Experts from security firm Solutionary have made an interesting advisory on how individuals and organizations can protect themselves against phishing attacks.
Phishing is usually launched by cybercriminals with the purpose of obtaining sensitive information from the targets. Although in many cases such operations are cleverly designed, there are some anti-phishing techniques that can be deployed in order to mitigate these attacks or at least reduce their impact.
For individuals it’s fairly simple to ensure that the organizations they work for doesn’t fall victim to cybercriminals.
They must never open attachments or click on links received in unsolicited emails, and they must never respond to suspicious notifications. Furthermore, they should not access emails from the same devices on which they perform critical transactions.
Experts advise users to be suspicious of all emails containing links. If it sounds important, manually visit the referenced location, without ever clicking on the link, in order to check out the message’s legitimacy.
Finally, always let management know about suspicious emails. They might be part of a targeted attack and the information could be highly useful for the IT department or the company that handles security.
As far as organizations are concerned, it’s a bit more complicated to fend off phishing attacks, but it’s not impossible.
“Consider using dedicated systems for payment requests and approval processes. Consider disabling email access on any system involved with payment processing,” Jon Heimerl, director of strategic security of Solutionary, explained.
“If an attacker cannot compromise the systems in payment processing, he will have a harder time obtaining payment usernames and passwords, and a harder time actually requesting/approving a transfer,” he added.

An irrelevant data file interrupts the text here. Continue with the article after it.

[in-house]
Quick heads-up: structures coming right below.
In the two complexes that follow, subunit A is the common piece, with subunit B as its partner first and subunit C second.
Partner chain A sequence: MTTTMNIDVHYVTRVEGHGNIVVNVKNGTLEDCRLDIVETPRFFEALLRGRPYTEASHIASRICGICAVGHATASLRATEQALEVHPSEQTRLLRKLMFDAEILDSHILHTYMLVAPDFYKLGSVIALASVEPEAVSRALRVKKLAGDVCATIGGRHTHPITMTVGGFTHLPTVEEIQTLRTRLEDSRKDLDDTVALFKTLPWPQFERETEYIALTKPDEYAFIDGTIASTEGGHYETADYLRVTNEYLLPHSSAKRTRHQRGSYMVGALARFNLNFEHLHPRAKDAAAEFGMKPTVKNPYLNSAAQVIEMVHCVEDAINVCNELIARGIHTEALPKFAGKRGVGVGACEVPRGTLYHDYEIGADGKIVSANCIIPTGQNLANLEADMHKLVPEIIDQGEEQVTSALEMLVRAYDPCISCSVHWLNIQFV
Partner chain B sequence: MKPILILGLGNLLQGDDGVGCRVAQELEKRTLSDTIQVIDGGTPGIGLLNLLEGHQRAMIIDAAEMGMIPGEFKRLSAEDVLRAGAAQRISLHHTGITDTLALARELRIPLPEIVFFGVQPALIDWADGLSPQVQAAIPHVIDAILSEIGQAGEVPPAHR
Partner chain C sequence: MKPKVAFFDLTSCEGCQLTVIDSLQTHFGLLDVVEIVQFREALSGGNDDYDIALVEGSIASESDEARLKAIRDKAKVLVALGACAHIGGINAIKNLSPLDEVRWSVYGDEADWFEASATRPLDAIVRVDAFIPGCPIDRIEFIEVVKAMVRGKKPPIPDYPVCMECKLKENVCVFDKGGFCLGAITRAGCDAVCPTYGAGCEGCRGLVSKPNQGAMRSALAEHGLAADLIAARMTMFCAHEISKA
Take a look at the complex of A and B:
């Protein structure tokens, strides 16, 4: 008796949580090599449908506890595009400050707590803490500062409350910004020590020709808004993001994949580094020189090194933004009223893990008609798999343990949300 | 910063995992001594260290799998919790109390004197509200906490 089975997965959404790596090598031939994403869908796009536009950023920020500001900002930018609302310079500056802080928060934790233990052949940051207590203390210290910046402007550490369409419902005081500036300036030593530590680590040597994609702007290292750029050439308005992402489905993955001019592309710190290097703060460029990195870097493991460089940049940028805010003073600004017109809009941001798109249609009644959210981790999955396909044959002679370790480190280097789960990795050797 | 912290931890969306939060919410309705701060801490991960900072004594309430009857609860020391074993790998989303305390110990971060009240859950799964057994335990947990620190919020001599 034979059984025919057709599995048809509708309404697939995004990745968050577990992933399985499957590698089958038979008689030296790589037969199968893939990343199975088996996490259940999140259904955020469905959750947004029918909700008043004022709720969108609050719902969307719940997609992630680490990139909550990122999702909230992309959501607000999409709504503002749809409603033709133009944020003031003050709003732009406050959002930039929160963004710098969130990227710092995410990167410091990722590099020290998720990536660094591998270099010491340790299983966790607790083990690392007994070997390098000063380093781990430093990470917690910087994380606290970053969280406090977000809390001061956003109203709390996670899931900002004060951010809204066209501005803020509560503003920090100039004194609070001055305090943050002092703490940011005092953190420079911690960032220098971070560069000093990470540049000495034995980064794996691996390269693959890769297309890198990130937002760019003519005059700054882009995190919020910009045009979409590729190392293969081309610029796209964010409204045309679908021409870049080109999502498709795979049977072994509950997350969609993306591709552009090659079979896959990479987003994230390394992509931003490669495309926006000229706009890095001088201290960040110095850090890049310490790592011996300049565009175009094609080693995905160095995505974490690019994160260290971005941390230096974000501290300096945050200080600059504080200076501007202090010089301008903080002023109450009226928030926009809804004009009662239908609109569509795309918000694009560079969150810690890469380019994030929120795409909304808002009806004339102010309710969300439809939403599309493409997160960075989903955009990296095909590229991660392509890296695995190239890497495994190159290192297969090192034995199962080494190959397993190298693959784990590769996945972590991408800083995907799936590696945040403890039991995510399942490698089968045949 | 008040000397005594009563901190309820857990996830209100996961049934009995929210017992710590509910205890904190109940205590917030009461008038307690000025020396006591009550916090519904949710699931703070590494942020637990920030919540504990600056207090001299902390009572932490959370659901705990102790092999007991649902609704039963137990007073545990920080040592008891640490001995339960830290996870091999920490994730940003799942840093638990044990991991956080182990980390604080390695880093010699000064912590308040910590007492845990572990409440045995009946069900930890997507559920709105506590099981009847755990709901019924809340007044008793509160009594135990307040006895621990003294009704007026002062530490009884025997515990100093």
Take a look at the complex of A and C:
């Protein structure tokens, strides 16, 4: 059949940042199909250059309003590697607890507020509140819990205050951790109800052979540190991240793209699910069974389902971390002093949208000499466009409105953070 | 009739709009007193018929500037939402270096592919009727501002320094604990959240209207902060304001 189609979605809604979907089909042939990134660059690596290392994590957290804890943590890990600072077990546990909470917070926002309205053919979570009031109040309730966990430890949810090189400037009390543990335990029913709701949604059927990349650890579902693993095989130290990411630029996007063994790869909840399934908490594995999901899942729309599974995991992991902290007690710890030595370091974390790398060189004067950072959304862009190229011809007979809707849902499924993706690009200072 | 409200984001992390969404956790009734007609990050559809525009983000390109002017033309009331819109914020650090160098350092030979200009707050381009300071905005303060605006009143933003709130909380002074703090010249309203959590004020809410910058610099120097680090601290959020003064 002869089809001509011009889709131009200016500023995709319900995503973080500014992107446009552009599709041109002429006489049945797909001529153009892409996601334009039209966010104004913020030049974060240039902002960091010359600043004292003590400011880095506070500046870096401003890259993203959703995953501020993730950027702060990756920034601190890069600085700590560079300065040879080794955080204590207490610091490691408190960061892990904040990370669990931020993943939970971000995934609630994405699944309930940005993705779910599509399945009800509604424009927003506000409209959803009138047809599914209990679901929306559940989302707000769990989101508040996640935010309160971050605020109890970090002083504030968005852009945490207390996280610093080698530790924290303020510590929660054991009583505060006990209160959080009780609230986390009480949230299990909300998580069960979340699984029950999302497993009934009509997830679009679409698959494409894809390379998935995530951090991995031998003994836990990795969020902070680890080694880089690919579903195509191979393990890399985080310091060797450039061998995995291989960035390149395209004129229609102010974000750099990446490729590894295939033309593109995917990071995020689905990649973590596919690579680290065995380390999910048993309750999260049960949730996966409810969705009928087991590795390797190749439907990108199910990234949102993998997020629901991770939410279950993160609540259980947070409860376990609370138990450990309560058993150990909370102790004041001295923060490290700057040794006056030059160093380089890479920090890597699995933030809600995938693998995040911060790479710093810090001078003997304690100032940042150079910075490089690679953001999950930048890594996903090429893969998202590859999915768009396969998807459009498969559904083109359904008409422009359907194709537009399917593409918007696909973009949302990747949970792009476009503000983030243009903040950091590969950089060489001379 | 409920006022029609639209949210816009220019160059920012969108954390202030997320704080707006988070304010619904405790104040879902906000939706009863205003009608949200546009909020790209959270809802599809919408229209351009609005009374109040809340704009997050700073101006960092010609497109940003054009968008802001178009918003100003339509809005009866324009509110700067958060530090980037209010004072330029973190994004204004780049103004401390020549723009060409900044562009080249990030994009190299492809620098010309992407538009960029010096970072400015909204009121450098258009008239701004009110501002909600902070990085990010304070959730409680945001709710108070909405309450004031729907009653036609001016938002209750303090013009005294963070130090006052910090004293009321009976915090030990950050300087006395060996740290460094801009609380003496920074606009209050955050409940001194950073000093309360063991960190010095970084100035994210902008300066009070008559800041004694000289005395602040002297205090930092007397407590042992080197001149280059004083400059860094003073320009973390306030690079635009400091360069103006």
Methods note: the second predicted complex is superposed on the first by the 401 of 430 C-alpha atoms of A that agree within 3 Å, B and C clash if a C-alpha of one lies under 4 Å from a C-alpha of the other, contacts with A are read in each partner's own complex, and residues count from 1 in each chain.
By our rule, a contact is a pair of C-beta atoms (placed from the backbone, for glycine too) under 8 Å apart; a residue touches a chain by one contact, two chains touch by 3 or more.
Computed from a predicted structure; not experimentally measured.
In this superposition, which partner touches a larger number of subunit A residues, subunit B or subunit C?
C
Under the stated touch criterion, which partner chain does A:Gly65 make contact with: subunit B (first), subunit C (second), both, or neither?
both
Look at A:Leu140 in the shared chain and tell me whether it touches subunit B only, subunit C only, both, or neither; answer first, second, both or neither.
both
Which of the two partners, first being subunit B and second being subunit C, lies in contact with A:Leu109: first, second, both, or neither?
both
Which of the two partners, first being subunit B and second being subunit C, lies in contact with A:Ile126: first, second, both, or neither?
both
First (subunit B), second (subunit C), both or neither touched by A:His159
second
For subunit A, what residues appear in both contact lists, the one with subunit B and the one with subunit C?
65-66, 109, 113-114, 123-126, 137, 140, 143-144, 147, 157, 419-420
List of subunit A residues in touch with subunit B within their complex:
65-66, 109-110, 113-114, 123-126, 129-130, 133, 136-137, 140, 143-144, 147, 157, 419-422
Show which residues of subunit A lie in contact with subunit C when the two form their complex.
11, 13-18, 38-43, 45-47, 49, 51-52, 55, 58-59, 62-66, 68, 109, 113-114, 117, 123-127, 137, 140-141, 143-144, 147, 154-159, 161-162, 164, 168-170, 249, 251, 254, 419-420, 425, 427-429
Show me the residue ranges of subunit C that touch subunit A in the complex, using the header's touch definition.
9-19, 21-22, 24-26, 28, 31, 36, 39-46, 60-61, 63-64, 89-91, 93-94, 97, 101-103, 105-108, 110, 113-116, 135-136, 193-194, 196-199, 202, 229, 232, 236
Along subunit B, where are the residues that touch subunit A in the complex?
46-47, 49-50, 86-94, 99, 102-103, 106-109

Since payment processing systems are often the most valuable targets for a hacker, companies should ensure that they’re properly secured. For this, the use of strong authentication mechanism is highly recommended.
Payment processing systems should not be connected to the Internet, and since many breach attempts occur after work hours, enforcing time-of-day login mechanisms is also recommended.
Employees should not be allowed to access critical systems from their mobile devices or from their personal home computers. These devices often represent an easily-penetrable gateway.
Employee training is also important. Staffers must undergo security awareness sessions and they – along with partners and clients – should be told that the organization will never solicit account information via email.
In many cases, email clients such as Outlook or Thunderbird can also help in identifying phishing attempts. They not only make sending and receiving emails easier, but they also offer an extra layer of security
Finally, experts recommend the deployment of proper anti-virus and anti-malware solutions.
“Most of the malware used as part of a phishing attack is not detected by standard anti-virus software, but some of it is. Some malware indicators may not be changed before an anti-virus update is available, and sometimes older versions of malware are distributed. Additionally, anti-virus software can help identify secondary infections that may be related to an attack,” Heimerl wrote.
If these products and techniques are combined with the use of reputation-based websites, IP and URL filtering, and white-list access systems, it will be a very difficult task for a cybercriminal to gain access to your company’s assets.